Tsutomu Kawasaki
Kinki University
Assist Prof
Hiroyuki Tsuji
Yokohama City University, Kihara Institute of Biological Research



Polycomb/Tritorax function underlying cellular memory of winter in annual and perennial crucifers

  Many plants flower in spring. It is the cold of winter which controls flowering in some species, but plants must not flower when it is cold but rather after cold, in favorable spring conditions. In one plant family, Brassicacea, flowering is controlled by a repressor of flowering gene, Flowering Locus C (FLC), which is negatively regulated by prolonged cold (this process is called vernalization). The regulation of FLC by vernalization is linked with the type of life history a species adopts. When FLC expression remains repressed even after the end of winter (i.e., they have a permanent memory of winter) plants flower and terminate life in the same year, (annual species). When FLC expression after winter is progressively de-repressed (i.e., the memory of winter is transient) plants live on for another cycle (perennial species).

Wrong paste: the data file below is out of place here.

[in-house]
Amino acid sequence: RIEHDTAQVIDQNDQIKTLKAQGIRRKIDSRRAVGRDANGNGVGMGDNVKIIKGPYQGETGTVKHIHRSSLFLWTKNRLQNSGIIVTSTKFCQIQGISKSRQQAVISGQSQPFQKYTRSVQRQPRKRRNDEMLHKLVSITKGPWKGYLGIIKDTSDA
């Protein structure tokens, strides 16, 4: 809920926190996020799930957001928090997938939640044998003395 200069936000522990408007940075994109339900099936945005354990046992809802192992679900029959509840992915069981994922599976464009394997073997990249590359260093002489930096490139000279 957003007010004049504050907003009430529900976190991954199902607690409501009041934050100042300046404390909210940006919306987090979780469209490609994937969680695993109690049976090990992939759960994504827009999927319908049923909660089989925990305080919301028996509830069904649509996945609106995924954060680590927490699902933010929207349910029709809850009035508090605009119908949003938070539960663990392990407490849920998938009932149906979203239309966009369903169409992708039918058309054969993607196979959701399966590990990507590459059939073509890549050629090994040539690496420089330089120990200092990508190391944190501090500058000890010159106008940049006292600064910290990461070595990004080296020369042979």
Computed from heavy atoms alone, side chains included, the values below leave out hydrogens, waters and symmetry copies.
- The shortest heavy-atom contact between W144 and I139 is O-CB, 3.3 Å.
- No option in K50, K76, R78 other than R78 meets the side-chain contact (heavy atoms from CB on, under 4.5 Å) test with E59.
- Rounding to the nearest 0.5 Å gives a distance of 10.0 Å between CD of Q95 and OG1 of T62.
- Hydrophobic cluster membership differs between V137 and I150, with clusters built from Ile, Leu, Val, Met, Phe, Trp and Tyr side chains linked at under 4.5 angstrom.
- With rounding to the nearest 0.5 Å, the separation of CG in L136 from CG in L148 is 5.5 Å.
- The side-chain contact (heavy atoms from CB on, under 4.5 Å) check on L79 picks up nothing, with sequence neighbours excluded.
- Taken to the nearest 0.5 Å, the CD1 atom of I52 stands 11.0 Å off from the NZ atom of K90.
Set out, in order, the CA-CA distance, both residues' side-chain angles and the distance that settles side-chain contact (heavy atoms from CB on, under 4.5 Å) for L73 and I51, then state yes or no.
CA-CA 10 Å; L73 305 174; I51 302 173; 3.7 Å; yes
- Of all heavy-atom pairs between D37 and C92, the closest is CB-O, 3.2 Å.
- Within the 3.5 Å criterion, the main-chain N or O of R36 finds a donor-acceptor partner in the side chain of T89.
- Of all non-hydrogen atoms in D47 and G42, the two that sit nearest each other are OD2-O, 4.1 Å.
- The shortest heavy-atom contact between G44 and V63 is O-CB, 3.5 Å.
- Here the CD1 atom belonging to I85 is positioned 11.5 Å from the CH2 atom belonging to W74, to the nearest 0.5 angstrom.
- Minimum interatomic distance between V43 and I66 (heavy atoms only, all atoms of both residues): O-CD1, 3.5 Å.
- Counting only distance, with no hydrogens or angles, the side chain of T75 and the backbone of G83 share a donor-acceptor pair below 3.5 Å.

How is FLC expression controlled? Genetic mechanisms for gene regulation are generally either activating (on) or repressing (off). In contrast, Polycomb and Trithorax epigenetic mechanisms alter chromatin to create a repertoire of alternative transcription states, depending on the relative cellular levels of Polycomb, Trithorax and transcriptional regulators. The repressed chromatin state elevates the threshold for a minimum activator concentration sufficient for triggering transcription of a target gene, and the gene thereby becomes less sensitive to activation. In contrast, when in the active chromatin state, a gene depends to a lesser extend on the concentration of transcriptional activators and it is less sensitive to the presence of repressors. When cells within a cell population adopt different transcriptional states a quantitative response may be generated.


  FLC expression is controlled epigenetically by the antagonizing action of Polycomb and Trithorax, but how are annual and perennial memories of winter determined is still unknown.


Working model